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Posted on October 4, 2017 in Child Custody

I was in the grocery store the other day, glancing at the tabloid headlines as I stood in line to check out, when my eyes fixated on one particular headline. It was regarding a celebrity couple divorce, the names escape me. The headline read, “Divorce gets ugly! Who will get the kids.” This headline sparked a train of thought that I have seen numerous times throughout my career: child custody is not black and white. Custody is not about Mom or Dad “getting” the kids. Custody is an ever-flowing schedule that family law judges create in order to ensure that the child is adequately supported, and that the child is able to maintain strong relationships with each parent.

The family court has a strong interest in maintaining relationships between the child and both parents. Child custody is not about the parents. It is only about what is best for the child. Judges hold this standard above everything else when determining a child custody schedule: What is in the best interest of the child.

All too often, parents focus on the wrong thing when going through a divorce where child custody is at issue. Parents attempt to place the spotlight on the other parent, and focus all their efforts on trying to show that the other parent is a “bad parent.” This is not the proper way to go about winning a child custody battle. Judges want to see both parents working together to foster a relationship between the child and both parents. When you focus your efforts on exposing bad parenting habits of the other parent, you have lost sight of what is most important: the child. What does the child want? What is best for the child?

In the majority of family law cases, there is no such thing as 100% custody. The non-custodial parent will always have visitation time with the child. The question becomes, how much visitation time? In answering that question, parents should focus on what is best for their child. If your child loves the other parent and wants to spend time with him or her, then isn’t that what is best for the child?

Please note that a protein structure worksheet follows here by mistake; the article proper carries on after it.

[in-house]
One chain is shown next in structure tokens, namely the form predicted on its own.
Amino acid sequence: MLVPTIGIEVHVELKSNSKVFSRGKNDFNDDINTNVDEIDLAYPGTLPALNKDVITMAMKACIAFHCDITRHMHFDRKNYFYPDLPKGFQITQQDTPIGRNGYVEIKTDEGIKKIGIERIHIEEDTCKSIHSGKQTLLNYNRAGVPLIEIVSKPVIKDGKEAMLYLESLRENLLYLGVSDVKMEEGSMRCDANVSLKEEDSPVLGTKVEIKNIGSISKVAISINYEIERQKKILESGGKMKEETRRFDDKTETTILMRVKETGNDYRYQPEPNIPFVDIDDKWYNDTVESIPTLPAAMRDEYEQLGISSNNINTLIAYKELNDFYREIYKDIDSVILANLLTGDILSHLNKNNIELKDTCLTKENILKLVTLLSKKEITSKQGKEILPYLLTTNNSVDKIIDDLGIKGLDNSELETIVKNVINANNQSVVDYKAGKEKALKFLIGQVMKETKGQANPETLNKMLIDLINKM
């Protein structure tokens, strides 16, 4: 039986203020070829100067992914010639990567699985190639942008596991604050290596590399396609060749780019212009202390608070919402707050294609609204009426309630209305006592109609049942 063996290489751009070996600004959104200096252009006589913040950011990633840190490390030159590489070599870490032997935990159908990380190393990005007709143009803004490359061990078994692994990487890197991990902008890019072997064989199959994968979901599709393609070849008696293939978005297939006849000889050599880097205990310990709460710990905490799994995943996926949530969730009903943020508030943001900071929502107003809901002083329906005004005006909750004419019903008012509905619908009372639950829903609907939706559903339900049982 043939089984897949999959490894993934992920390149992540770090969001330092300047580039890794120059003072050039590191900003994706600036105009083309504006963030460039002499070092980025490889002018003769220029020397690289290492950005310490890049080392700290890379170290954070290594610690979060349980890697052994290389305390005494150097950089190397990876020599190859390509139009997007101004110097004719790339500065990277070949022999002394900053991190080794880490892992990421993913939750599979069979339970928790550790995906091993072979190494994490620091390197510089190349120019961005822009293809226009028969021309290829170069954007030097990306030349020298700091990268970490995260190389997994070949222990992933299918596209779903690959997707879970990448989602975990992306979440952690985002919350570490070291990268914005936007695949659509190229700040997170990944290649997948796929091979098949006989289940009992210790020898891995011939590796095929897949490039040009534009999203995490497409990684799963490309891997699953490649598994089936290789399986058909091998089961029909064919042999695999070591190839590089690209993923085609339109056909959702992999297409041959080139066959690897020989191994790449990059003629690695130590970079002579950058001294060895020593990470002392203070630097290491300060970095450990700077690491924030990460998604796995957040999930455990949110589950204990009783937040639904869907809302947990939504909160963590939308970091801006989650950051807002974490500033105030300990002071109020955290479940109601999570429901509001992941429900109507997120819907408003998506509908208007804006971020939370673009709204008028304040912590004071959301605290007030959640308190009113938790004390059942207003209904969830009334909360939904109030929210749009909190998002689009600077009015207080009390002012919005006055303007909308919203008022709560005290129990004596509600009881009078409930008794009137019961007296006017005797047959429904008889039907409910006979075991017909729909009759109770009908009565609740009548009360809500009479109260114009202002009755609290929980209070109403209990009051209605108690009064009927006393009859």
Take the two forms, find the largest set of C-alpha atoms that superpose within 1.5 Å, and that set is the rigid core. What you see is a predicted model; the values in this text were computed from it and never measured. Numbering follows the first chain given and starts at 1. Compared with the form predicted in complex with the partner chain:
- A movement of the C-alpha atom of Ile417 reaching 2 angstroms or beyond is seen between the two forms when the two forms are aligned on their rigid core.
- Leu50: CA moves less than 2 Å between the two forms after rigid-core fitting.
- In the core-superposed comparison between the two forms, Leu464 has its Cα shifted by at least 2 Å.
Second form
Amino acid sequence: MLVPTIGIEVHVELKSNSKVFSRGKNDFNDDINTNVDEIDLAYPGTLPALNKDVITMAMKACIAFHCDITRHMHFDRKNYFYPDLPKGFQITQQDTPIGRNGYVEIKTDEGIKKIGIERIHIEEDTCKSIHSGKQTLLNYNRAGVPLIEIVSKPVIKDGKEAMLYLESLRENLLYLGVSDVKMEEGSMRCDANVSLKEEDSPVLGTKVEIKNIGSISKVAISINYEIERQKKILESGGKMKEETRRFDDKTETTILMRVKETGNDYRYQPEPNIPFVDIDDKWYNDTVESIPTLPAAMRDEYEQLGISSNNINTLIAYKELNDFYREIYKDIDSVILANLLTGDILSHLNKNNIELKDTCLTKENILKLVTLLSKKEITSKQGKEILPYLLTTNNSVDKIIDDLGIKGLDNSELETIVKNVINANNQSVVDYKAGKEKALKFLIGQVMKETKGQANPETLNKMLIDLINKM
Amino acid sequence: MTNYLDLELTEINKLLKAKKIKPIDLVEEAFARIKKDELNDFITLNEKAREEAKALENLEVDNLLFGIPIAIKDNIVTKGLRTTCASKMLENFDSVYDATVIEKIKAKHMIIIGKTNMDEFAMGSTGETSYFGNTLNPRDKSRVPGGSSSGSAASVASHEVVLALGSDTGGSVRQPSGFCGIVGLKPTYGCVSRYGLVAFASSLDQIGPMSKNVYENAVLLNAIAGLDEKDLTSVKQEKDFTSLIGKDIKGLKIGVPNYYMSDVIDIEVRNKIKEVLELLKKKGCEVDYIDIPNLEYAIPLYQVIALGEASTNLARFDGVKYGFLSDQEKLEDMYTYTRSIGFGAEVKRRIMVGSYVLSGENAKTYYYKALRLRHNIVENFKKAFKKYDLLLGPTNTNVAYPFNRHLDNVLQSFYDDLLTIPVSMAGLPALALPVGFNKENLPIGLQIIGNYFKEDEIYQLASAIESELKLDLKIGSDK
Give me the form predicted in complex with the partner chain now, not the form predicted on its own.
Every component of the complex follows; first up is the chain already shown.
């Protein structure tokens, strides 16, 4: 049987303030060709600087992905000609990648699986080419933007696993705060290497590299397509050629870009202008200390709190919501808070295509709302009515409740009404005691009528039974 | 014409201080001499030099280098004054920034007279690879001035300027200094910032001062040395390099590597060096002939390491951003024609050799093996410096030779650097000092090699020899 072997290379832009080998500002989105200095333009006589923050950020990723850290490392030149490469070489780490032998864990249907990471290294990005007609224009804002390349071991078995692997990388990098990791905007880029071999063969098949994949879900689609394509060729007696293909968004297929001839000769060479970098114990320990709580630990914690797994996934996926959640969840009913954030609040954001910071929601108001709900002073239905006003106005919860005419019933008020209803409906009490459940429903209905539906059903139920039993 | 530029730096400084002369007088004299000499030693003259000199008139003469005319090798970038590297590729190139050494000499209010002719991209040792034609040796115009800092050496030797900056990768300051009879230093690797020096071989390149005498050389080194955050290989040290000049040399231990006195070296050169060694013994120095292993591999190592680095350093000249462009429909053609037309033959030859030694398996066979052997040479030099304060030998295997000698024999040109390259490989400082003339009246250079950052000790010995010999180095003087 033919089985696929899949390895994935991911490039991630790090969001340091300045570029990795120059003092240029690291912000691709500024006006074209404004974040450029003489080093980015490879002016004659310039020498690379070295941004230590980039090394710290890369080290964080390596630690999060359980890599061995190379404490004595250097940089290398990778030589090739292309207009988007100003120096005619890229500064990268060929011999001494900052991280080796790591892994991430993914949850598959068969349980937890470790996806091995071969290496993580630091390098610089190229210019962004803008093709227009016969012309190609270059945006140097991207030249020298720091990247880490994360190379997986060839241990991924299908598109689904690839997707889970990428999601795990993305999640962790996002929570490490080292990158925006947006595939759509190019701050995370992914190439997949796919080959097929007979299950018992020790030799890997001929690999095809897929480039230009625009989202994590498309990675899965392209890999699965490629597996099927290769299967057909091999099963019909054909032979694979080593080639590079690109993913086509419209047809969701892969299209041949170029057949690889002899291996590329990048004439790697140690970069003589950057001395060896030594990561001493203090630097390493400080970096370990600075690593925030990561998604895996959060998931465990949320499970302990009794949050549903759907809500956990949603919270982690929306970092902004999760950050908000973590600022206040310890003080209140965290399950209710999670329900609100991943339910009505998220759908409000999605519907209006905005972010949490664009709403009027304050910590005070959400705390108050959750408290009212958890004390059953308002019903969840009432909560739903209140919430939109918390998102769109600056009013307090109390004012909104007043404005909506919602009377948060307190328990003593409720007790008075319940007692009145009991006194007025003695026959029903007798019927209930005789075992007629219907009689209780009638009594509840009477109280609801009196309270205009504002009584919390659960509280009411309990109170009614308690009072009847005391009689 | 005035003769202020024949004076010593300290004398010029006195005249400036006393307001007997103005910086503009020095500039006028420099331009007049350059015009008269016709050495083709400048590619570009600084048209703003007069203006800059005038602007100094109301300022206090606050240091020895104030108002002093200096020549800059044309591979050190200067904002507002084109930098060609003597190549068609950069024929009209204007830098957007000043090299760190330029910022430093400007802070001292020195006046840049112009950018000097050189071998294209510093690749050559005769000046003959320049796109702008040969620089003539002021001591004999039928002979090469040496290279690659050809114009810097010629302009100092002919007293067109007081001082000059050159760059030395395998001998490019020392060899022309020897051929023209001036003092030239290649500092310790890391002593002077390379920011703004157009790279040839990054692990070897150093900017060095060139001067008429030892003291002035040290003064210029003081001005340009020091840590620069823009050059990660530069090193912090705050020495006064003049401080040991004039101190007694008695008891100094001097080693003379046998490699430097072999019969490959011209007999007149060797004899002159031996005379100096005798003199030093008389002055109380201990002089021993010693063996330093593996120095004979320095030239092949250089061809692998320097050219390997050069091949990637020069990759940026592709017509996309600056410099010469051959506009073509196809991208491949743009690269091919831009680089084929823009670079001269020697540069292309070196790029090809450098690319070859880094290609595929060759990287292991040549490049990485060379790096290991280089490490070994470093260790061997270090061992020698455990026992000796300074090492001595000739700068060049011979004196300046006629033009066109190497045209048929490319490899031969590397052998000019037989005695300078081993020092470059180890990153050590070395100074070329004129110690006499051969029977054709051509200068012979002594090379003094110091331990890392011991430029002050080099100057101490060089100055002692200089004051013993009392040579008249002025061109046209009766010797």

California law states that judges must do everything in their power to maintain “frequent and continuing contact” with both parents. It is a misnomer that gaining “sole custody” implies that the other parent does not get to see the child. “Sole custody” by definition means that one parent has custody of the child for over 50% of the time. That percentage can be 51% to the custodial parent, and the other 49% to the other non-custodial parent.

In winning a child custody case, a parent needs to focus on the child, and not on the other parent. Show the court that you are the parent who will go above and beyond to ensure that the other parent maintains a relationship with the child. Show the judge that you want your child to have a healthy relationship with the other parent, because you know that it is what is best for the child. This small change in your line of thinking will drastically affect the way that the judge sees you as a parent. Judges tend to grant custody to the parent whom they feel will work to keep the other parent in the child’s life. Be the more reasonable parent who wants to foster a relationship between the child and the other parent, and the judge will likely look more favorably to you.

To learn more about child custody and ways to win your custody case, call Attorney Scott & Matteson Family Law, CFLS at (858) 974-4900. Scott & Matteson Family Law is a certified family law specialist, with specialized experience in child custody proceedings.